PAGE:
Thoughts from a dusty food journal
I found an old journal under a pile of books. It was strictly about cooking and food. It was loaded with various quotes, some from long forgotten sources.
I thought I would share some of this rambling wisdom.
Eating is serious. We eat to live, to survive. We also eat for pleasure. Eating involves all the senses.
What we eat is a reflection of family tradition and our culinary cultural experiences.
Eating is the end result of cooking There is no reason to eat bad food.
There is no reason to treat food any different than other important aspects of your life. As long as we have to eat, we should eat well.
Cookery combines ancient and modern techniques and methods. From open fires to molecular gastronomy. Cooking is always evolving. Food preparation is always progressing as technology gets better.
Cooking and eating well are pursuits and journeys. You need to have an open mind and avid curiosity.
You can get by with a few recipes or meals. You can also expand yourself to, a life long pursuit of all that cuisines have to offer. Your only limits are self imposed.
Fernand Point, one of the greatest French chefs, opined that one must read everything, see everything, try everything, hear everything, and observe everything, in order to retain just a little bit. In the end, if you think you know it all, you are wrong. It is what you retain and use that is important.
People need to develop a hearty respect for food.
Poor people have way more respect for food and ingredients.
Scarcity drives creativity to turn humble ingredients into something wonderful. Poverty is considered the greatest influence on cuisine.
Many so-called classic recipes from around the world evolved from people in poverty. They took the humblest ingredients and turned them into something wonderful. Good examples are soups.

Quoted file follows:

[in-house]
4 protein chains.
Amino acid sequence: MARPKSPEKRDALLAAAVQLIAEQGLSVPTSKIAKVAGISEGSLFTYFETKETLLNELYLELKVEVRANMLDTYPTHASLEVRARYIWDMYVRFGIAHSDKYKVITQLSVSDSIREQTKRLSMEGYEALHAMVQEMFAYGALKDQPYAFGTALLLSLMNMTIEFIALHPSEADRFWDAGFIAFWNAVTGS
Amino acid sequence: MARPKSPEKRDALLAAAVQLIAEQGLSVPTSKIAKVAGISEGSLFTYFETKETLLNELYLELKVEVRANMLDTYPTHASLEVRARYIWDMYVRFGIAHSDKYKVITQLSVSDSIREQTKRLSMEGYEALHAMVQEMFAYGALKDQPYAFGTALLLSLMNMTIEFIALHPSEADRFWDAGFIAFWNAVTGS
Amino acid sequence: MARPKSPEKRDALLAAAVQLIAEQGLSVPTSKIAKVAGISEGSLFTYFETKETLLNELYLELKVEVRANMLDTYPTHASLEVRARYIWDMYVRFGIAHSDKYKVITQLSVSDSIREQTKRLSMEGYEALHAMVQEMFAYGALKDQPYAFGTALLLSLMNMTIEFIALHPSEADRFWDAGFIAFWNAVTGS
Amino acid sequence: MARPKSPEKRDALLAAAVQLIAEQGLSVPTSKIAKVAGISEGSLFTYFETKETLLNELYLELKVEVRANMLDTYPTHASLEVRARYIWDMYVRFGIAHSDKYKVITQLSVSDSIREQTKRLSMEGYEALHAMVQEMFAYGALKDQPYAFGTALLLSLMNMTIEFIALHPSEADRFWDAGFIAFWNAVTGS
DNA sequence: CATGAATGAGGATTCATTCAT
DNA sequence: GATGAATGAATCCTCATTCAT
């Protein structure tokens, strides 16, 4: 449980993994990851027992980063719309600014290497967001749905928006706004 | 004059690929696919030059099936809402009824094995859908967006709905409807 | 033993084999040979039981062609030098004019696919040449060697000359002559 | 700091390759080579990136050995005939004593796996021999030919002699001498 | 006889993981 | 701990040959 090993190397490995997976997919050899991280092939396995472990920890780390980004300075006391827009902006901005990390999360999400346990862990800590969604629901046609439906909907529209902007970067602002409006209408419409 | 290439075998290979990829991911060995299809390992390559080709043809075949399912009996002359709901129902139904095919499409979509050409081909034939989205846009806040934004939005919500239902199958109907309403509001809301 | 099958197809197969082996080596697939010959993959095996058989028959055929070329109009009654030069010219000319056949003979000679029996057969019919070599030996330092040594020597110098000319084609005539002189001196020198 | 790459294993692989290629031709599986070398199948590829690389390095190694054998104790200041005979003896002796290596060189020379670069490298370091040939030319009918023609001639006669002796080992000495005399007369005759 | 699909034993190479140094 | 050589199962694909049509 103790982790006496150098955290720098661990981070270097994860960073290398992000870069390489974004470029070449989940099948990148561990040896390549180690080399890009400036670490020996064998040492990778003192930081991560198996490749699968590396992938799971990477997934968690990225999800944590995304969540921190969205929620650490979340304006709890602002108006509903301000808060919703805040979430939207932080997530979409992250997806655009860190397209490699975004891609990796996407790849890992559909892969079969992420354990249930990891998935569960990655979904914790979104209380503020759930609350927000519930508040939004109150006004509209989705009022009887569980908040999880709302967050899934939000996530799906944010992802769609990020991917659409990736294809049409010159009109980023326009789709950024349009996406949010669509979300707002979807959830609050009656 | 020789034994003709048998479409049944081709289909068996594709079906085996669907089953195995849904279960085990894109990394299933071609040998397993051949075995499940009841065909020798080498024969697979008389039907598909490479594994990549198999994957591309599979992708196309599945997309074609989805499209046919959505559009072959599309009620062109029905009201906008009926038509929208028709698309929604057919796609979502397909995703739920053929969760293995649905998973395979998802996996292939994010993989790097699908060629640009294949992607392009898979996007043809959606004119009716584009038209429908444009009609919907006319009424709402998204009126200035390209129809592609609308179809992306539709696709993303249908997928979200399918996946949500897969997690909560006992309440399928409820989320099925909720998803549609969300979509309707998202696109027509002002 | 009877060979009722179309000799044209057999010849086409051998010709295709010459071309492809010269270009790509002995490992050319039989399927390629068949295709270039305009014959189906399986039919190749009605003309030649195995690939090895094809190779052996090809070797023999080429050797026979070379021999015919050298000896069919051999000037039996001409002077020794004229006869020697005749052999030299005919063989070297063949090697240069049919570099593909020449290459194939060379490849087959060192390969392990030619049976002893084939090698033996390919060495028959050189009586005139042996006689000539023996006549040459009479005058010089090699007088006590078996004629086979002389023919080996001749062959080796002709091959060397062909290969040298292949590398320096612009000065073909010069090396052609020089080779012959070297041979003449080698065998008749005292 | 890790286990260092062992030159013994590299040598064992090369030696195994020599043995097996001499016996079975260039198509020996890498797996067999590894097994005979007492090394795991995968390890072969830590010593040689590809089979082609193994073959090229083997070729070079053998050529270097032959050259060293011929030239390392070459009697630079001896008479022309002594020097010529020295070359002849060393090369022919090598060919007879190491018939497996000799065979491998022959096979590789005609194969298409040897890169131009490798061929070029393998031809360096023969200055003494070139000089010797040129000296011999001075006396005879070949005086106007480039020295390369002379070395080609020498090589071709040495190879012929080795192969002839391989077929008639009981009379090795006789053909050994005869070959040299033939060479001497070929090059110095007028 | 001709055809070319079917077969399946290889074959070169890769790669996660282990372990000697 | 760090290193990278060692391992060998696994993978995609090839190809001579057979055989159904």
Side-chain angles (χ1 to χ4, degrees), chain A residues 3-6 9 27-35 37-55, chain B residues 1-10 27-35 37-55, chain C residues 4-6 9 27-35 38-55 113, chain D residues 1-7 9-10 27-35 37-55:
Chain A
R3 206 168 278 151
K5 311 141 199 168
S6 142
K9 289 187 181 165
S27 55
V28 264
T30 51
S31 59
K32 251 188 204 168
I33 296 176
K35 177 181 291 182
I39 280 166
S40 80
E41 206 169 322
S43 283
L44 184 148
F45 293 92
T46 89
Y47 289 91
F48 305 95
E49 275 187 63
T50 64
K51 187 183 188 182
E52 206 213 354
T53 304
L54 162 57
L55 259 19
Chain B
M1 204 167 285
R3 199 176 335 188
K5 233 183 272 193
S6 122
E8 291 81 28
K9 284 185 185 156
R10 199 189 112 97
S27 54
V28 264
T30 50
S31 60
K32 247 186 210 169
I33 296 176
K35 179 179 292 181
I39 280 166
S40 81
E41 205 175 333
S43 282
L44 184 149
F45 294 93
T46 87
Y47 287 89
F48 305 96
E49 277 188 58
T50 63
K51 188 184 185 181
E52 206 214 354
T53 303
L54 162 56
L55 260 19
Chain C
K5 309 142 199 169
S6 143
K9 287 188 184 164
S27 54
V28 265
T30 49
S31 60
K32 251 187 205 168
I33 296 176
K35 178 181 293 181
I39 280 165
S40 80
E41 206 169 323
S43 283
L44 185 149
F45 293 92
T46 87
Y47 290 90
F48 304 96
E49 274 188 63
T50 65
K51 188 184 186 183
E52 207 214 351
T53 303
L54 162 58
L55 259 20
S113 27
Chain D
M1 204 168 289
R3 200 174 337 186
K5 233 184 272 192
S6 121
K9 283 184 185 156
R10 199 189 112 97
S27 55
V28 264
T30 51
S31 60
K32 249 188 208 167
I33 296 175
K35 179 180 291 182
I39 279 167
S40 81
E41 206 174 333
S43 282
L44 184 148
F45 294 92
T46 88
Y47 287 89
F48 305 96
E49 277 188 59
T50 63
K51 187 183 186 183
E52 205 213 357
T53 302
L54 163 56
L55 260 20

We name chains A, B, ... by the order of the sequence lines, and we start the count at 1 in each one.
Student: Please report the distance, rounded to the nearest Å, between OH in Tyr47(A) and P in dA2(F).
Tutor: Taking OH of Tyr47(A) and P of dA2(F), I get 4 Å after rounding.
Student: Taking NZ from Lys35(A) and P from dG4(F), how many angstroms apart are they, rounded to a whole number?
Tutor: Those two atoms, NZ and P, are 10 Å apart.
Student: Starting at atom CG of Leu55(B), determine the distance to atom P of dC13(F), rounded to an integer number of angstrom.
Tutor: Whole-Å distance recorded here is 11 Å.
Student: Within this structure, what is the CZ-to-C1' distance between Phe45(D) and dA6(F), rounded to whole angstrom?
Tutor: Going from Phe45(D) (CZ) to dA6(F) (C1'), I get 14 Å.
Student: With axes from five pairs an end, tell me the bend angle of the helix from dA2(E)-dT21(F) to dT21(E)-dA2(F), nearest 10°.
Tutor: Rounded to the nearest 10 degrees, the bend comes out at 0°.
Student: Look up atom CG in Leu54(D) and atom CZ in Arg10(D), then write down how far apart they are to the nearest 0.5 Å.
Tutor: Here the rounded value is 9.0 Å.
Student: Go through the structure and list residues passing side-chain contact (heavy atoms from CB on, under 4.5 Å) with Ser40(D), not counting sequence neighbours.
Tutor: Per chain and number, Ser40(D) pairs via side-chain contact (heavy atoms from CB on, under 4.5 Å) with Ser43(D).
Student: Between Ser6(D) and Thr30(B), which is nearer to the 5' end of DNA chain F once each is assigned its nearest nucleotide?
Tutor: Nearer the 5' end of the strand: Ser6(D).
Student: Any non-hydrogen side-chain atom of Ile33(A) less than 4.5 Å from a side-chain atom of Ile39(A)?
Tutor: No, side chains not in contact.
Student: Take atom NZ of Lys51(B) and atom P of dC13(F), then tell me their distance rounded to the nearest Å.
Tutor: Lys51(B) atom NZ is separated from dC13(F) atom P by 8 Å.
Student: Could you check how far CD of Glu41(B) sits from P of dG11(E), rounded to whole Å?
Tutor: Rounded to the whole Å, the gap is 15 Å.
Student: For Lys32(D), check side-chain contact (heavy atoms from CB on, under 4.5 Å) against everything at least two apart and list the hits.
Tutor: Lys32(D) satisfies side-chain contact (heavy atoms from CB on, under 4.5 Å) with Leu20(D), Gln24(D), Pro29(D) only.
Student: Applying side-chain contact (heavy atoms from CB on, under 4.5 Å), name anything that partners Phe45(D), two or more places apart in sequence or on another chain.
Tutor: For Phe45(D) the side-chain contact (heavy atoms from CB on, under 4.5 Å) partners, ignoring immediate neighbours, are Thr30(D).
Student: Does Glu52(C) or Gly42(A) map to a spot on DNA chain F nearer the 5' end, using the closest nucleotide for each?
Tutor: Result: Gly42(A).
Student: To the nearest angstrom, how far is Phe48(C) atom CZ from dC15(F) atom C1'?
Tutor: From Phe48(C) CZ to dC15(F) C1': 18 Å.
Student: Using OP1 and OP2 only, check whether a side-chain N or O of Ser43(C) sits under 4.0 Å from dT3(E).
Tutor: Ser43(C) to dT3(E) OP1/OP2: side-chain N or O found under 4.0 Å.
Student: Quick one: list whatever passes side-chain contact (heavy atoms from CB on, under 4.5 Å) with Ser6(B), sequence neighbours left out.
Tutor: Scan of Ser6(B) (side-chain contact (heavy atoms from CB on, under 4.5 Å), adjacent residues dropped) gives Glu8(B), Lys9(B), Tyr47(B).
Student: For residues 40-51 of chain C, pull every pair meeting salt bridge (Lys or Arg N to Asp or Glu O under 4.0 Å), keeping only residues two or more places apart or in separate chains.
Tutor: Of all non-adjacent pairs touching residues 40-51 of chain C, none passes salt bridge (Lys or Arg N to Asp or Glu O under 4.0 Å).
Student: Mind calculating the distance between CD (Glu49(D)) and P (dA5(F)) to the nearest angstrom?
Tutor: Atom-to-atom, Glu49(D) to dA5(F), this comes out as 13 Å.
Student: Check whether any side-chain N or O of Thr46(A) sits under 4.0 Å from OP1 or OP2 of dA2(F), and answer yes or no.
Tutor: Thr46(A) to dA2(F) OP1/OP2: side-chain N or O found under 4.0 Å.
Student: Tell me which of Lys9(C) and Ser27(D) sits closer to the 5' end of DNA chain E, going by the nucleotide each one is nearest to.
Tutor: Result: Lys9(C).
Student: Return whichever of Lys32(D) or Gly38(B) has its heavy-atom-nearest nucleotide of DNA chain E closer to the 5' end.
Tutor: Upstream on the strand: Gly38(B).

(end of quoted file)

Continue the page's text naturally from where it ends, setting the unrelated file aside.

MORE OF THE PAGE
Speaking of soup, it is one of the most comforting and restorative things you can eat. There is something magical about a good soup.
Cookery and cuisines, their fusions, globalization, and progression reflect the progression of the human race. The cultural diversity of cooking and cuisines makes us all a better people.
The more we explore the cuisines from around the world, the better we understand the people who created them. When we try to replicate them, we honor those people.
Understand this. There is no repulsive or bad food. There is only food prepared properly and food prepared improperly. If any food or ingredients are basically prepared correctly, they will be enjoyable.
Too many of us shun foods because of bad experiences. Most of the time those experiences were caused by people incorrectly preparing the item. Asparagus and Brussel sprouts are just two examples of this.
We live in an age of culinary wonder. Even mediocre grocery stores have products from all over the world. The least expensive equipment and utensils are way better than our parents and grandparents had.
We live in a land of plentiful abundance. A great wonder of our world is what and how much we waste or throw away. It is sinful. Be miserly in your kitchen. Even scraps can be used for other things. Learn how to save food instead of wasting it.
Someone described America as a “fast food nation.” It is all too true.
Look around in your community or the area where you work. Try to find independently owned restaurants that prepare their own food.
Search for real ethnic restaurants. There is no need to stuff your maw with the mung and dreck served by the fast food chains.
Eat well, enjoy the pursuit and journey.